Cardiac arrest is the common cause of anoxic brain injury. Other reasons to have brain anoxia include severe hypotension, hypotension with limited CNS blood flow like high ICP, carbon monoxide poisoning, and strangulation. Lance et.al1 published in 1963 the first presentation of post anoxic recovery myoclonus. The presence of myoclonus in post-cardiac arrest patients is frequently seen, though the syndrome is named after the original paper; Lance-Adams syndrome is the residual presence of myoclonus after the patient survives. The literature review was done and there is no mention of second cardiac arrest in Lance- Adams syndrome patients with the disappearance of myoclonus.
45 year old male with a preadmission history significant for hypertension, diabetes, diabetic neuropathy, necrotizing fasciitis secondary to a boating accident, and bipolar disorder admitted to the hospital a year before his present admission with shortness of breath. He was admitted with bilateral pneumonia. During this first hospitalization, he underwent surgery for left below-the-knee amputations. The day after his surgery, he was found to have difficulty breathing after which he suffered asystole cardiopulmonary arrest with ROSC being achieved after 12 minutes of resuscitation. He underwent a targeted temperature management protocol. Post hypothermia, he woke up and started following commands. He stayed on the ventilator for 12 days followed by successful extubation. In subsequent days, he suffered myoclonic jerking of his upper and lower extremities. Electroencephlaogray did not show any seizures. CT head was negative for findings consistent with anoxic brain injury. MRI brain was not possible at that stage due to concern for hardware for a history of cervical spine surgery. He was able to follow commands, and move his extremities independently with intermittent myoclonic jerking, track movement, and garbled, incoherent speech. He was discharged to rehab and eventually home but required total care from his mother. A clinical diagnosis of Lance-Adams syndrome was made and symptomatic treatment was initiated.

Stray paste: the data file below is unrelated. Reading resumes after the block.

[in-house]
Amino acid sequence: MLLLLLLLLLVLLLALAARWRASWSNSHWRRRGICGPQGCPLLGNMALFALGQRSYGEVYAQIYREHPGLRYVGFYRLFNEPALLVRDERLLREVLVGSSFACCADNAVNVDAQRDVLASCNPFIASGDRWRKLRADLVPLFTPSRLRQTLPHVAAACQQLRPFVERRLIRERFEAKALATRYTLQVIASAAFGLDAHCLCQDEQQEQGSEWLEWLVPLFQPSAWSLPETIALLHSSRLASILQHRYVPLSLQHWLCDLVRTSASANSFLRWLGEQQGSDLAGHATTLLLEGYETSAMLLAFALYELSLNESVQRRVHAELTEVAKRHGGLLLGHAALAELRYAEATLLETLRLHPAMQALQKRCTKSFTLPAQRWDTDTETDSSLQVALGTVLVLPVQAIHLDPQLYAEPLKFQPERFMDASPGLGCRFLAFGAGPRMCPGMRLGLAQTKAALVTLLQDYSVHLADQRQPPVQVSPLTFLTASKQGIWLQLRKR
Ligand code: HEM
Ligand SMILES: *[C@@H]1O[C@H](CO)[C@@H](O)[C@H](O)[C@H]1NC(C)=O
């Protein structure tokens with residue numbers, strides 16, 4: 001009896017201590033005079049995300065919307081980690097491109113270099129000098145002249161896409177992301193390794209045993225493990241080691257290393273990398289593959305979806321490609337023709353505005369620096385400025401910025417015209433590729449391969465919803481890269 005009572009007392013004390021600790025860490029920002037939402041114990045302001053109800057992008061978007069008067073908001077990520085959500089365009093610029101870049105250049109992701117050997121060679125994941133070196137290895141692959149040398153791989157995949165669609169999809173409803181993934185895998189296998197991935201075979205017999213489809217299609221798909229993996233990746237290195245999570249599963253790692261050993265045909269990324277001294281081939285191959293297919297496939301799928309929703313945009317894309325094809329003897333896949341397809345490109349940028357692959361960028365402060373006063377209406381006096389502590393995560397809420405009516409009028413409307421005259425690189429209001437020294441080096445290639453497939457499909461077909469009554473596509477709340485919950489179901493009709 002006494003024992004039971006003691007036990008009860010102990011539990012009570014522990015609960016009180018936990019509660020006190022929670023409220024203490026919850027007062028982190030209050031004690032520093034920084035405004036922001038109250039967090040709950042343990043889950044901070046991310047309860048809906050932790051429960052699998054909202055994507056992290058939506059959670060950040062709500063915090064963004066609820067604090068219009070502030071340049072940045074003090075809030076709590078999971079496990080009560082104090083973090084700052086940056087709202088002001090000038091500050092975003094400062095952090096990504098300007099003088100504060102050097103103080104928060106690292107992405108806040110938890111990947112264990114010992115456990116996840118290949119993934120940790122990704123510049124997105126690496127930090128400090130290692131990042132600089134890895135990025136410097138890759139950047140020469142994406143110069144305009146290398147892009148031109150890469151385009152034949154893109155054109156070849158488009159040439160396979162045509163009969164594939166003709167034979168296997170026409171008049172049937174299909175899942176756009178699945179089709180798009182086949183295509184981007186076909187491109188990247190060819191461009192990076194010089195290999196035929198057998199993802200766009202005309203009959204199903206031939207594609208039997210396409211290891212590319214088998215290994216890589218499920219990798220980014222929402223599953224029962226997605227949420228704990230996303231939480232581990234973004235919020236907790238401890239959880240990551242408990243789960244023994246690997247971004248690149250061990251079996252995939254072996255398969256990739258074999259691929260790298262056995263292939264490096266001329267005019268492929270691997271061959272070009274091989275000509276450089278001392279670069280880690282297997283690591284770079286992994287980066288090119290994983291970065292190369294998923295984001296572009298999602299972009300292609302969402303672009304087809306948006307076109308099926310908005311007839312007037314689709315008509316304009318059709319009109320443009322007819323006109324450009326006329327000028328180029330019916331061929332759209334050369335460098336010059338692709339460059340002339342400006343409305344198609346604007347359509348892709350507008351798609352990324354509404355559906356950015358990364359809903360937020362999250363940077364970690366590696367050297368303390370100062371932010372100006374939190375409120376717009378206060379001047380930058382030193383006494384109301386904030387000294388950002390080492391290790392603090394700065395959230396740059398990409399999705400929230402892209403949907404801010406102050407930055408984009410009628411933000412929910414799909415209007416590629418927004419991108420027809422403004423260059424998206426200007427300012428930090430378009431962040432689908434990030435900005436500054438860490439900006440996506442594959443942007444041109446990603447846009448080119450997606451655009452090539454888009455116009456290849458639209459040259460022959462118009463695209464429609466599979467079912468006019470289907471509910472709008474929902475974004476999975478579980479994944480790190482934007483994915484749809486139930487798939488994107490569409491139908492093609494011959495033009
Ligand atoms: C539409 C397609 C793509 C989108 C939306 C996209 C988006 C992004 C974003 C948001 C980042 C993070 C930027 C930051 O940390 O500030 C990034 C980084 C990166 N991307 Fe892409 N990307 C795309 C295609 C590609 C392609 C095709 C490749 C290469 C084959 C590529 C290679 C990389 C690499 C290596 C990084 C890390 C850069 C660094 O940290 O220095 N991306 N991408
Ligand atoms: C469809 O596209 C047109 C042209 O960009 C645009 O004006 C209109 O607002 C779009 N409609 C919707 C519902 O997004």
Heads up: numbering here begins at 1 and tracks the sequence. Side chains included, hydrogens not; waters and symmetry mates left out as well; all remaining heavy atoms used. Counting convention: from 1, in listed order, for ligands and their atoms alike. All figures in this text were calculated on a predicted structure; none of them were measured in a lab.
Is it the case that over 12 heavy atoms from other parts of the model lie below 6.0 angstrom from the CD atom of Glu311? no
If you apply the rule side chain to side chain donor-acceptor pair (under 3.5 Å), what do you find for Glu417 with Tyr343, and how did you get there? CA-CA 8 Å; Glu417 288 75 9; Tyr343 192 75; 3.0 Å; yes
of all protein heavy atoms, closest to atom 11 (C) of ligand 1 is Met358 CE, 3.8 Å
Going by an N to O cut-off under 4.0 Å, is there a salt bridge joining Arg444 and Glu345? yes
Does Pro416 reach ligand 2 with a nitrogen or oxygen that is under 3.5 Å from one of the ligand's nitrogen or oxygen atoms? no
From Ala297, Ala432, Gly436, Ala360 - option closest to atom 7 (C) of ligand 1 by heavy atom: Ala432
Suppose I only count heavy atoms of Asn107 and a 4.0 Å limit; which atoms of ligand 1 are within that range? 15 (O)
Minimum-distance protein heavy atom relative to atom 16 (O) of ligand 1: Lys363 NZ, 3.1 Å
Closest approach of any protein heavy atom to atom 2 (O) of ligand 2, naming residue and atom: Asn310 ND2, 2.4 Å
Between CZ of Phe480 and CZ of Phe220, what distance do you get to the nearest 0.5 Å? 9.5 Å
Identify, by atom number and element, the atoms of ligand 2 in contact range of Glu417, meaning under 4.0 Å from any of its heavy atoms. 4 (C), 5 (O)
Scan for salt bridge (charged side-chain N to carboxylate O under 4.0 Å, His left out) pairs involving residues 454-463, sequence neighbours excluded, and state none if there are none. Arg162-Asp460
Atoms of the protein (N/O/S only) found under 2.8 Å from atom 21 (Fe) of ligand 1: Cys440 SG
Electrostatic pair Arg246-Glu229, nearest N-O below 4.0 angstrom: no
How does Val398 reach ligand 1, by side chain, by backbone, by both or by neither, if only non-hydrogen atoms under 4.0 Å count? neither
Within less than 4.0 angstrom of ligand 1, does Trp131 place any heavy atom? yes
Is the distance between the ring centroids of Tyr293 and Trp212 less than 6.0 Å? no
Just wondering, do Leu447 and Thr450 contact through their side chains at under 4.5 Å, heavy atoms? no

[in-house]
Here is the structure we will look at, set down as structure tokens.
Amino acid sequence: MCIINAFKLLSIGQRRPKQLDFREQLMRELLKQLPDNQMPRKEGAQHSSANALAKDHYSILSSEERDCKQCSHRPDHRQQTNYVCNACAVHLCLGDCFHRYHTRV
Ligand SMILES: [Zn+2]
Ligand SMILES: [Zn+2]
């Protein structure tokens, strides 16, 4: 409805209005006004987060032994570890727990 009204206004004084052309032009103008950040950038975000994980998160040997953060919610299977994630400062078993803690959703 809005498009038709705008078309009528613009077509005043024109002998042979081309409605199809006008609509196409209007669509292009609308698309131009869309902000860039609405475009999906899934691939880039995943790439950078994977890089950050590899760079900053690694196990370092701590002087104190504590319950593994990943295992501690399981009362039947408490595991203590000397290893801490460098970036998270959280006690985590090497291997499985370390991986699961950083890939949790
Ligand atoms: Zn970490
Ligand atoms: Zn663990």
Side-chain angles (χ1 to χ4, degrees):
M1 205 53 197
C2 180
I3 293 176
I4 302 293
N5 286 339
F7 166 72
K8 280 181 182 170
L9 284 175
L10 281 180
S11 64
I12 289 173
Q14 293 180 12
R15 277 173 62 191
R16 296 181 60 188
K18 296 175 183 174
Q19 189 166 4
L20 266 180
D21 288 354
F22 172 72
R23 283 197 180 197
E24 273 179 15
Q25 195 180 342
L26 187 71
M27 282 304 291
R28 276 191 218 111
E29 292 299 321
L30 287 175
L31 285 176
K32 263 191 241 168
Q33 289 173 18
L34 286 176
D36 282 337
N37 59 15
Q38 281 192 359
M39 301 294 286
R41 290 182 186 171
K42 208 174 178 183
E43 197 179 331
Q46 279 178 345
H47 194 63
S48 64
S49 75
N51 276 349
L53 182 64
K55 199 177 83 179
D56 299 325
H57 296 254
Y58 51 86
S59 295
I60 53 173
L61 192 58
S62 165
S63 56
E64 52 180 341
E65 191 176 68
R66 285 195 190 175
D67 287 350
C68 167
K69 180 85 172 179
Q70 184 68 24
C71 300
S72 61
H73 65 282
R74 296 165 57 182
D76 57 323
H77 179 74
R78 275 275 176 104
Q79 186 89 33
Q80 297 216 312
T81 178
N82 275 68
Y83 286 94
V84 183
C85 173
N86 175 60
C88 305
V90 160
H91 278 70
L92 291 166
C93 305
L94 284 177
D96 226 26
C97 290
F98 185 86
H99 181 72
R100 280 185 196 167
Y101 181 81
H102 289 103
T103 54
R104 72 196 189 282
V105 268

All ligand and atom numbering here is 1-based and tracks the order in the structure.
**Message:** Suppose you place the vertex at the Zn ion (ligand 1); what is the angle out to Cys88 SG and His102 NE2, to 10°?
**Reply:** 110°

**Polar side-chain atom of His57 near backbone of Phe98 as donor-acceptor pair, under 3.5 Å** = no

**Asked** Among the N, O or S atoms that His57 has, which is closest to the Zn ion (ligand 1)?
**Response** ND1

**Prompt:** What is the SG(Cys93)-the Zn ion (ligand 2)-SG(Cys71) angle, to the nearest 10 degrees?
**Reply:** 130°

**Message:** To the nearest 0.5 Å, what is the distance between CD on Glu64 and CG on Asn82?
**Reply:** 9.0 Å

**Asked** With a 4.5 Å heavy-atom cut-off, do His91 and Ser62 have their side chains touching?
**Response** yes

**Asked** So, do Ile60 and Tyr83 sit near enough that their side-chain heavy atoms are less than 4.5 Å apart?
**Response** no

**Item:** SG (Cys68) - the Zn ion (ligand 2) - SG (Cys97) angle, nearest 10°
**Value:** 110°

He was brought to the emergency department after the second asystole cardiac arrest followed by pulseless electrical activity at home. ROSC was achieved on arrival to ED after 5 rounds of CPR following ACLS protocol. Per his mother, his baseline mental status prior to arrest was intermittently following commands and ability to express himself. He was intubated and subsequently underwent targeted temperature management protocol in the intensive care unit.
After completion of hypothermia, he stayed in a coma without any sedation. The myoclous due to Lance-Adams syndrome was not present. His eyes opened up and was able to track but not able to follow commands or move extremities. CT head did not show any active process. Brain MRI was able to be done showing minimal small vessels with subtle ischemic changes. EEG was negative for any seizures with marked encephalopathic changes. Over the next many days, there was no change and the family proceeded to terminal extubation and terminal care.e
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